The associate professor of psychiatry at the University of Illinois at Chicago shared the findings of her and colleagues’ work that suggest that distinct cytoarchitectural changes occur in the brain that may underlie migraine chronification. [WATCH TIME: 4 minutes]
WATCH TIME: 4 minutes
“It's really important to understand that neurons in our brain are not just static, 2-dimensional things. In fact, they're constantly moving and changing and responding to the environment around them. What that means is that they're sending out neurites, and they're retracting neurites. So, when we say that there's decreased neuronal complexity in these models, what that means is that they may be sort of less flexible and less responsive to their environment.”
At the 2022 American Headache Society (AHS) Annual Scientific Meeting, June 9-11, in Denver, Colorado, Amynah Pradhan, PhD, delivered this year’s Harold G. Wolff Award Lecture, focusing on her and colleagues’ work on migraine and peripheral pain models which showed that there are differential alterations in neuronal complexity. Notably, the findings suggest that these distinct cytoarchitectural changes that occur may underlie migraine chronification.1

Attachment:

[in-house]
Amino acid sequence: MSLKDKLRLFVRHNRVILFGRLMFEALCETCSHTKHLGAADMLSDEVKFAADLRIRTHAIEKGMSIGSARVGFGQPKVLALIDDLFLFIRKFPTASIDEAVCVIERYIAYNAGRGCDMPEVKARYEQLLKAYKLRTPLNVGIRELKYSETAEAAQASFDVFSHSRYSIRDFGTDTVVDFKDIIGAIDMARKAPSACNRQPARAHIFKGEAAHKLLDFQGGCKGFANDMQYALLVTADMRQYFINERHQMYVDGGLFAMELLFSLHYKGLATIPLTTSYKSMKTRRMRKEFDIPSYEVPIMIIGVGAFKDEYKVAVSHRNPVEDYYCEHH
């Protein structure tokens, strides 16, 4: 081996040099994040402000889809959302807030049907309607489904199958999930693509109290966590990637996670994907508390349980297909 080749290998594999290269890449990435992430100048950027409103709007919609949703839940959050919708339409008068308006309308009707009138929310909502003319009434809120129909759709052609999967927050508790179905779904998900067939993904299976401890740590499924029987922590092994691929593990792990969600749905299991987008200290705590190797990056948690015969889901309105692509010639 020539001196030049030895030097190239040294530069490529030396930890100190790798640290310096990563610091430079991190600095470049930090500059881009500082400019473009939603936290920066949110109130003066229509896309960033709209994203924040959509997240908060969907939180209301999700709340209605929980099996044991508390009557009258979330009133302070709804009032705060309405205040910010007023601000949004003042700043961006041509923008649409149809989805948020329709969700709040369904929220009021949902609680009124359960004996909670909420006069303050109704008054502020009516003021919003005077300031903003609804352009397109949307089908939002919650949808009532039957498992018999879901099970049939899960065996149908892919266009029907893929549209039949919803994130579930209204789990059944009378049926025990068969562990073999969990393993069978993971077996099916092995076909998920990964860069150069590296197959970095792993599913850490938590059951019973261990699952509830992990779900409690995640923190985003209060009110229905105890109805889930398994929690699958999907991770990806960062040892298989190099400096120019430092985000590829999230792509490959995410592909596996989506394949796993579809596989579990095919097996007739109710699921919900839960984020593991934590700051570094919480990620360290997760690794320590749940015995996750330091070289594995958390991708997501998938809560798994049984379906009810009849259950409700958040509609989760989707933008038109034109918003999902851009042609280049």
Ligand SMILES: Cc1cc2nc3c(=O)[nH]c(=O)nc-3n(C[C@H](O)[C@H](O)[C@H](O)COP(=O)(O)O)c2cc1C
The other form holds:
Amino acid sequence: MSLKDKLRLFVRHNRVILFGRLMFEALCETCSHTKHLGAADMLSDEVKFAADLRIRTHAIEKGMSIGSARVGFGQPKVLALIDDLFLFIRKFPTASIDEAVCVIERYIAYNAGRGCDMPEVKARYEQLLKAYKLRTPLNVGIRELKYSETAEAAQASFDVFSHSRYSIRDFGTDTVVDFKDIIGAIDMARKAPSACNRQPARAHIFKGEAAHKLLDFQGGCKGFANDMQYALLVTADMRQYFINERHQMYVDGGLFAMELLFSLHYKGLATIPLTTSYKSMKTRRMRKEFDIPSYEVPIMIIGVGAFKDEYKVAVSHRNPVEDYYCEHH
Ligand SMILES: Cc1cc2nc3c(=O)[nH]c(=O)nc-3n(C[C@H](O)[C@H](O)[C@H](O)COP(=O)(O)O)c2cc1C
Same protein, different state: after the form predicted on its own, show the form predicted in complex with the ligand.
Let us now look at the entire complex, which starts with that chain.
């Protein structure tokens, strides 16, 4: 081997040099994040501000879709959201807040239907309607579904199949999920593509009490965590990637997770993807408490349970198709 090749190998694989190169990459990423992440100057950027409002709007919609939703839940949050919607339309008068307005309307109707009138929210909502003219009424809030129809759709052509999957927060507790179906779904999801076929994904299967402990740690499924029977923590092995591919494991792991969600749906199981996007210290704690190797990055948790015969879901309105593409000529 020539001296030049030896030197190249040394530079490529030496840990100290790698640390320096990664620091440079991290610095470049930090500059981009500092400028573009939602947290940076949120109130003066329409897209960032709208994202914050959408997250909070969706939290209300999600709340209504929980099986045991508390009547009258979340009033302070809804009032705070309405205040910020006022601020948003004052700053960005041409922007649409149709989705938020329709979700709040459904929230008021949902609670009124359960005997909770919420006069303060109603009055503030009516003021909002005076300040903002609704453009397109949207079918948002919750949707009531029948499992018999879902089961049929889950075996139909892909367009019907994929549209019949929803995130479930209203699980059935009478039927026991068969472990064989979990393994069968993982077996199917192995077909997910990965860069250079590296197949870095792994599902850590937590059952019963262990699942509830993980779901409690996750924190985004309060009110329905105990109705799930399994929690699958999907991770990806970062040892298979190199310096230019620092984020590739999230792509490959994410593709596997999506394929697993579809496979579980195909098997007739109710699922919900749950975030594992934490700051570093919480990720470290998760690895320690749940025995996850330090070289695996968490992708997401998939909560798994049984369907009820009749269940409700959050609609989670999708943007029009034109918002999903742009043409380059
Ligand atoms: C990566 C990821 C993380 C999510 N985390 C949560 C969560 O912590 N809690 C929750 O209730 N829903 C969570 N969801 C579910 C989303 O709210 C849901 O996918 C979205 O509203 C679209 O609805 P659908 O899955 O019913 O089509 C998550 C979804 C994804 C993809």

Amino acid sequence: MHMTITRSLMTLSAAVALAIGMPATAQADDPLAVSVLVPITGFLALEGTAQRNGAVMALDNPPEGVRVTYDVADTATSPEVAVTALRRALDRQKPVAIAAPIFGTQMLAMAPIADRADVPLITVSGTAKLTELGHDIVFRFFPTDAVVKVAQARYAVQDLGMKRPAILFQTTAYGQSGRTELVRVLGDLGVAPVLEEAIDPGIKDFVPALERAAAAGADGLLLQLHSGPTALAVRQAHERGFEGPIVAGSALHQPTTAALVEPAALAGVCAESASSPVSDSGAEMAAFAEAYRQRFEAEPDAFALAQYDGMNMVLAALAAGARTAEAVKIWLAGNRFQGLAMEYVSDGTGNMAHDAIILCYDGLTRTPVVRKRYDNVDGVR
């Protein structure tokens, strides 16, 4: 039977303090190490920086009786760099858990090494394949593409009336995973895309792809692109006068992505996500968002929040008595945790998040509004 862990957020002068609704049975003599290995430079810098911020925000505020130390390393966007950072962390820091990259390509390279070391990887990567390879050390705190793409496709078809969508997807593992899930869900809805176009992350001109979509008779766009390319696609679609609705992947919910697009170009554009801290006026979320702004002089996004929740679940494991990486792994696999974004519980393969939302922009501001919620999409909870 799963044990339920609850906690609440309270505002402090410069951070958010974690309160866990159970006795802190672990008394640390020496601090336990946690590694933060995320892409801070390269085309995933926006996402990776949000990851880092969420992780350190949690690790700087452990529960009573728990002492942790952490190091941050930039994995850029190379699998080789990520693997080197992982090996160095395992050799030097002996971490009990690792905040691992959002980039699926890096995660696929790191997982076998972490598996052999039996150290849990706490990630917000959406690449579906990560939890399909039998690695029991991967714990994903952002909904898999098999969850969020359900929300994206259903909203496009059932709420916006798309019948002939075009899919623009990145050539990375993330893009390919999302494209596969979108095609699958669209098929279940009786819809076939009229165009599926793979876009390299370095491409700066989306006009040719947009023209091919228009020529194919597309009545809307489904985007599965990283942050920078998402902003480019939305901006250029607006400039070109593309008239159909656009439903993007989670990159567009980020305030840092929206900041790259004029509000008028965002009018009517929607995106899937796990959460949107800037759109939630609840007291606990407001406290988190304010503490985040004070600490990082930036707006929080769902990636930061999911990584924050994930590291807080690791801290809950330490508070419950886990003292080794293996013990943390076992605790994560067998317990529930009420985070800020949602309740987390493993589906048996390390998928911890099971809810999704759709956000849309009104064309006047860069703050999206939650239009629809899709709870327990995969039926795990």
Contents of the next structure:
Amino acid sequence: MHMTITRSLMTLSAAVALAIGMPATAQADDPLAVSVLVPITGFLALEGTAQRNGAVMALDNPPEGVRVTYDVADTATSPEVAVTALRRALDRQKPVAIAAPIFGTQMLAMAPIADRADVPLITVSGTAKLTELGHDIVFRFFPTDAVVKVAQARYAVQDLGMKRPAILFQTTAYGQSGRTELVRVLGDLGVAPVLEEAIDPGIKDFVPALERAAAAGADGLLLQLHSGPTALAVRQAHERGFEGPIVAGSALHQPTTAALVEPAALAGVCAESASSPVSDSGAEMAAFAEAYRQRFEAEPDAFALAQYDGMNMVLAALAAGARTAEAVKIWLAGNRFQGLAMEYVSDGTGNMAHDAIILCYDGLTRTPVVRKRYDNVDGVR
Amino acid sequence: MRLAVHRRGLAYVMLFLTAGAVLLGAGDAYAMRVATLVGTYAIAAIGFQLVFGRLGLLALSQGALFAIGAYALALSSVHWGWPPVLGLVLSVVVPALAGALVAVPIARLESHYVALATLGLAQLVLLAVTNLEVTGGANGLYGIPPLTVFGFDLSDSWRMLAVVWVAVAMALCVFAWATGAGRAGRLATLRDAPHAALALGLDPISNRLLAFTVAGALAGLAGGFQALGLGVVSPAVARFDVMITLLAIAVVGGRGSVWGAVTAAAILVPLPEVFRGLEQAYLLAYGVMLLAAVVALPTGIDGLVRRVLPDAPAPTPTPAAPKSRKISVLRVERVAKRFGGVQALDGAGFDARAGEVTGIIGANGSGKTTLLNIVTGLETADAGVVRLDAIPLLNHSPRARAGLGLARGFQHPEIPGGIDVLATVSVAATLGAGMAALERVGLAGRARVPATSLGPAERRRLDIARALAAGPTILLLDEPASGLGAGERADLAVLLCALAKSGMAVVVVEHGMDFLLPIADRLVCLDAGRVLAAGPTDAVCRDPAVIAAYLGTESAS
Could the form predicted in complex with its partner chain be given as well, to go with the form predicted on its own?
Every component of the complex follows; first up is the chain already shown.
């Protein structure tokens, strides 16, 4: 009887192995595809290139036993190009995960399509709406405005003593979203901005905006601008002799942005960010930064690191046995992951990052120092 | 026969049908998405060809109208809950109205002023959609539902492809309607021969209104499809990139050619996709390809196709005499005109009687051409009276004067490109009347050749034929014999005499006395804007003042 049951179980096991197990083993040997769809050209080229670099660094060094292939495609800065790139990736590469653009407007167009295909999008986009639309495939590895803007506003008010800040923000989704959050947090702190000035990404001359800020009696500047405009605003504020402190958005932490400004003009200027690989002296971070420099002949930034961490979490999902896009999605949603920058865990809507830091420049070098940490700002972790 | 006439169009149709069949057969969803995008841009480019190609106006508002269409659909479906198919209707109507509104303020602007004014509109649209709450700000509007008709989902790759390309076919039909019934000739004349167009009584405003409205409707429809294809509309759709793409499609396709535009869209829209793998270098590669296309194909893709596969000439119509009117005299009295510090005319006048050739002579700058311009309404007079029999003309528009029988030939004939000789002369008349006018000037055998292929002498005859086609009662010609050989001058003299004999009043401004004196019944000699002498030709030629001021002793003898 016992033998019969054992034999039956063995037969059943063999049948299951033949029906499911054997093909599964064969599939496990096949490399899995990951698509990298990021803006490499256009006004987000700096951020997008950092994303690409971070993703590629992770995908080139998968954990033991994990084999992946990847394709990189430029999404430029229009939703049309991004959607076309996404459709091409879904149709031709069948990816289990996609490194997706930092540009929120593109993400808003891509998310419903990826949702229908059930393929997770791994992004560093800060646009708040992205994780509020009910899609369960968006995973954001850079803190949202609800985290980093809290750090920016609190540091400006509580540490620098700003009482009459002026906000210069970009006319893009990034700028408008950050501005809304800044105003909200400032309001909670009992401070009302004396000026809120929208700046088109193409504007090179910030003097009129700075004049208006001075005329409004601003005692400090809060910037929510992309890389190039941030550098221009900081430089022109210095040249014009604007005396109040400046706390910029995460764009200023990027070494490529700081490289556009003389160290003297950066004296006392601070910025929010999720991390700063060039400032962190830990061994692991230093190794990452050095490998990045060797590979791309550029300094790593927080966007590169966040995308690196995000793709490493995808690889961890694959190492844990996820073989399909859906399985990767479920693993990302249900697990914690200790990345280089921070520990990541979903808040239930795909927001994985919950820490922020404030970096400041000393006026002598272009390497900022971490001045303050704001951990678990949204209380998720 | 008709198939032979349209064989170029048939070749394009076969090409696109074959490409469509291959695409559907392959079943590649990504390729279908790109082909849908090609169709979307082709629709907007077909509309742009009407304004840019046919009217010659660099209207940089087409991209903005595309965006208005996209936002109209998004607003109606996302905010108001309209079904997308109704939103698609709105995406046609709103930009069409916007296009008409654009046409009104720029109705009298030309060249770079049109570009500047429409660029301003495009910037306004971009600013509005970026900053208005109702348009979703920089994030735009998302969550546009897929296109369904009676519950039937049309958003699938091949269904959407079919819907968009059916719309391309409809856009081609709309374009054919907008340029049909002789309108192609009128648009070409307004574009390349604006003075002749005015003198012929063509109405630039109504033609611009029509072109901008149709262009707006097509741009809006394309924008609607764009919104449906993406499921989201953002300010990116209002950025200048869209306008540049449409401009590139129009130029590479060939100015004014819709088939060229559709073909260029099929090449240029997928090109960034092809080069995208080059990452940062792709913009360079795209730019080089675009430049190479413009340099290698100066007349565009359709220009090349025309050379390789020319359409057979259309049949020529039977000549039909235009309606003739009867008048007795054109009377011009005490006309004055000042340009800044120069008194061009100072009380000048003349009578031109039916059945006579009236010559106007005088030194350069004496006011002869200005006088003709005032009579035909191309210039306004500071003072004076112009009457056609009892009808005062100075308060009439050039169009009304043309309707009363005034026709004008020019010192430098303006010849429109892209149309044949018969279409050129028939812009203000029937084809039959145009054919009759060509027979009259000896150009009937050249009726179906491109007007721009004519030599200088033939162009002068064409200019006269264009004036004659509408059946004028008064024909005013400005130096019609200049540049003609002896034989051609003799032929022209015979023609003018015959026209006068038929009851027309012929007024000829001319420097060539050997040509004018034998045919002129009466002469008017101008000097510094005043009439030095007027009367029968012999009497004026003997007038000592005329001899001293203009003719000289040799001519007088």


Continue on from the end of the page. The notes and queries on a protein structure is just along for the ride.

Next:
Using a nitroglycerin model of chronic migraine-associated pain, mice were administered 10 mg/kg nitroglycerin every other day for 9 days, with cortical spreading depression—a physiological correlate of migraine aura—induced in anesthetized mice using potassium chloride. Pradhan and colleagues observed increased neuronal complexity in the thalamus, but no change in the amygdala or caudate putamen, contrasting prior work from their model.
To find out more about the results and the clinical implications of these critical basic science assessments, NeurologyLive® sat down with Pradhan, who is an associate professor of psychiatry at the University of Illinois at Chicago. She offered some background on her and her colleague’s study and provided clinical context to the results that were presented at this year’s meeting.